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Tuesday, March 02, 2021

Expert tips to keep kids warm and healthy during winter

One of the major struggles every mother faces is the immunity issues for their kids

By: Parenting Desk | New Delhi |
January 18, 2021 7:55:26 pm
immunity, winter immunity, immunity for children, health in winters, winter health care, health and immunity for kids in winters, healthy food for children, parenting, indian express newsIn winters, new parents tend to over cover the baby with jackets, caps, mittens, socks, etc. A child should be just adequately clothed. (Photo: Pixabay)

By Dr Sanjay Wazir

As the temperatures begin to drop, sleeping in cosy blankets and dressing up in warm jackets won’t be enough for your little ones. Since the daily activity is slower than usual and schools are closed too, parents need to watch out on the metabolism of children. Remember that exercising with proper nutrition (and layers of clothing) offers the opportunity to chase away the chills. It is very important to note that in order to regulate metabolism of kids during the winter season, parents need to ensure that the calorie content of their diet is adequately balanced with more fruits and vegetables. Eating healthy winter foods help keep your kids disease-free and warm.

One of the major struggles every mother faces is the immunity issues for their kids. They are often worried about how to strengthen their kid’s immunity, especially in the winter season. In particular, an immunity-supporting diet focuses on foods that are rich in nutrients, such as:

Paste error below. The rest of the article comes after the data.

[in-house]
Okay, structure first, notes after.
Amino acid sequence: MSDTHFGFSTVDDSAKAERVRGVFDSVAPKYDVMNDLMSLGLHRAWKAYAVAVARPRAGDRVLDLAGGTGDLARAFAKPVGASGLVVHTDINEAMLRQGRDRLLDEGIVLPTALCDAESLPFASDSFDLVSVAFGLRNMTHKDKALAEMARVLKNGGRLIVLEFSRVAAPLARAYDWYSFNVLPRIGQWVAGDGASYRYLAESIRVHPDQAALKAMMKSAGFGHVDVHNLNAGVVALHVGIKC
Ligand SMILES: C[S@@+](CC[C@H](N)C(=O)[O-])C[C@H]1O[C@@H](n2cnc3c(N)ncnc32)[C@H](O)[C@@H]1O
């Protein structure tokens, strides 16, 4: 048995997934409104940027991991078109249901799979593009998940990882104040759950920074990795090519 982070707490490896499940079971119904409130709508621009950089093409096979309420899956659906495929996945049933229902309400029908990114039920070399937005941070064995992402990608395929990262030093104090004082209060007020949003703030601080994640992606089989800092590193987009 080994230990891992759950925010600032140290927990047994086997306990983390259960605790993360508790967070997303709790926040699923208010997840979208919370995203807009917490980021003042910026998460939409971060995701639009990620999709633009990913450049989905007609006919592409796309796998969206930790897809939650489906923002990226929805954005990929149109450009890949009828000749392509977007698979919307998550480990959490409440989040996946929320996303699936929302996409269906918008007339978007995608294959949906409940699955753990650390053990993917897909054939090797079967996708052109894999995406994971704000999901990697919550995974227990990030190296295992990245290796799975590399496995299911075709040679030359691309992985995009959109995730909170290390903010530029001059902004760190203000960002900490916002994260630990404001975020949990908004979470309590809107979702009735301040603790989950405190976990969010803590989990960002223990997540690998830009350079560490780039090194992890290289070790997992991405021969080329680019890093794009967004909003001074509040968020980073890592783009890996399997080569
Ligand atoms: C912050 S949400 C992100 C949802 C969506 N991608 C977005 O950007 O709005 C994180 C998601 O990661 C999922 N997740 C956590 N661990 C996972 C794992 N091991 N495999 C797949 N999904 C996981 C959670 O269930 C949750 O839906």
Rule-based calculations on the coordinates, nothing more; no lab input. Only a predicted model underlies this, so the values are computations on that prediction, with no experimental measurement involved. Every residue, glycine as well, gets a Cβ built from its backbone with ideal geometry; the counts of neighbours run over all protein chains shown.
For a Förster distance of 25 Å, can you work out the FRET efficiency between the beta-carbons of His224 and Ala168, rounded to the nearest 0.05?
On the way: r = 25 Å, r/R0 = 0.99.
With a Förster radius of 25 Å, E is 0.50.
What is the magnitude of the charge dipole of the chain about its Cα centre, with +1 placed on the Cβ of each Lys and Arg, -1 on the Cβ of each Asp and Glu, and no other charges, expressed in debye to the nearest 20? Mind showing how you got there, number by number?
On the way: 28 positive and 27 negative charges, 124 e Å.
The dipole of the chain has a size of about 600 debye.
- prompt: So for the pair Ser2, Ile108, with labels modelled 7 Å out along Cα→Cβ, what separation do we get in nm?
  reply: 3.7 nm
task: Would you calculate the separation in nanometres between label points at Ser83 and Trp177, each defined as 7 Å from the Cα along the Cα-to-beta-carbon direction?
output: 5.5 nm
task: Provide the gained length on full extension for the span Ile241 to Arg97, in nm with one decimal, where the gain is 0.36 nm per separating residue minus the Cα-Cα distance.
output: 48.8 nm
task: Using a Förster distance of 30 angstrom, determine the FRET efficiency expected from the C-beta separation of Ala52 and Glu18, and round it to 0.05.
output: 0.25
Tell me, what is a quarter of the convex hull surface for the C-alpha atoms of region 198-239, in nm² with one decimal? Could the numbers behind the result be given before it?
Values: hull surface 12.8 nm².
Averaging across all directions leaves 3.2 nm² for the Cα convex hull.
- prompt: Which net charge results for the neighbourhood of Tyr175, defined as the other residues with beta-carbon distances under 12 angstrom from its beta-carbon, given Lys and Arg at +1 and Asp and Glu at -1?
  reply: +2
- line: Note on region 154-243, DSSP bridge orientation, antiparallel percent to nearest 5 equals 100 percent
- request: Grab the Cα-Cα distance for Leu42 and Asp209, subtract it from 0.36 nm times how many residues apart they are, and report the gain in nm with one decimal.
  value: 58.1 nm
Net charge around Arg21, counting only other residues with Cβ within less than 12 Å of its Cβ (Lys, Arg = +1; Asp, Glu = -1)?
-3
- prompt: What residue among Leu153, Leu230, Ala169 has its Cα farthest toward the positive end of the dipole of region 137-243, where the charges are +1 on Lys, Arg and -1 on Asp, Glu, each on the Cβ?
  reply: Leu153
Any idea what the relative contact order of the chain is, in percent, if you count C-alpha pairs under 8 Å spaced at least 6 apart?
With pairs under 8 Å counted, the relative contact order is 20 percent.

Zinc: This trace mineral is a powerful antioxidant that plays a role in several of your body’s immune mechanisms. Specifically, your white blood cells use zinc to help them produce the right kinds of antibodies to fight off winter bugs. You can find zinc in foods like seafood, wholegrains and pumpkin seeds. Some of the readily available rich sources of zinc are available at home which includes legumes, chickpeas, beans, seeds and nuts.

Vitamin D: Often known as the “sunshine vitamin”, Vitamin D is produced when the cholesterol in your skin is exposed to sunlight. Of course, there’s less sunlight over winter, so your body may need a dietary top-up. Eggs, butter, fish or fish oil and sprouted seeds are all fairly good sources. Exposure to sunlight before 11 am for 10/15 minutes is advisable. Flax seeds are another rich source of this vitamin and also the best source for vegetarians.

Vitamin C: The best-known immunity-supporting nutrient, however, has to be Vitamin C. This antioxidant, water-based vitamin helps support your immune system to help keep you healthy especially during the colder winter months. It also plays a role in your body’s response to stress; and since stress can affect immunity, it’s important to keep your Vitamin C levels topped up. Most fruits and vegetables contain Vitamin C, but some foods are naturally rich in vitamin C such as oranges, tomatoes, blueberries, Kiwis. Also, you can add lemon in your daily routine as it is so helpful for maintaining the weight. Vitamin C protects you against cold and one of the myths people carry is to avoid having oranges or other citrus fruits winters. In fact on the contrary it is important to use vitamin C containing fruits like oranges, kiwi, strawberries etc on alternate basis and days and also use vitamin

Some important foods that can be included in the daily diet of kids are as follows:

Jaggery: Jaggery adds an exotic flavour to every sweet dish and acts as a great remedy for cough, cold or lung infection. A combination of ginger/ saunf adds to the health benefits. Not only is jaggery healthier than sugar but it also keeps you warm during the chilly winter season. We can try jaggery laddo; with payasam/Pongal; jaggery chapatti, etc.

Soups: Nothing works better than a hot bowl/ mug of soup on a cold wintery day. Soups are one of the best foods to keep your kids warm during winters and maintain their digestive system. Homemade vegetable soups can be prepared out of tomato, beetroot, carrots, spinach, mushrooms, beans, broccoli and for non-vegetarians simple chicken soups.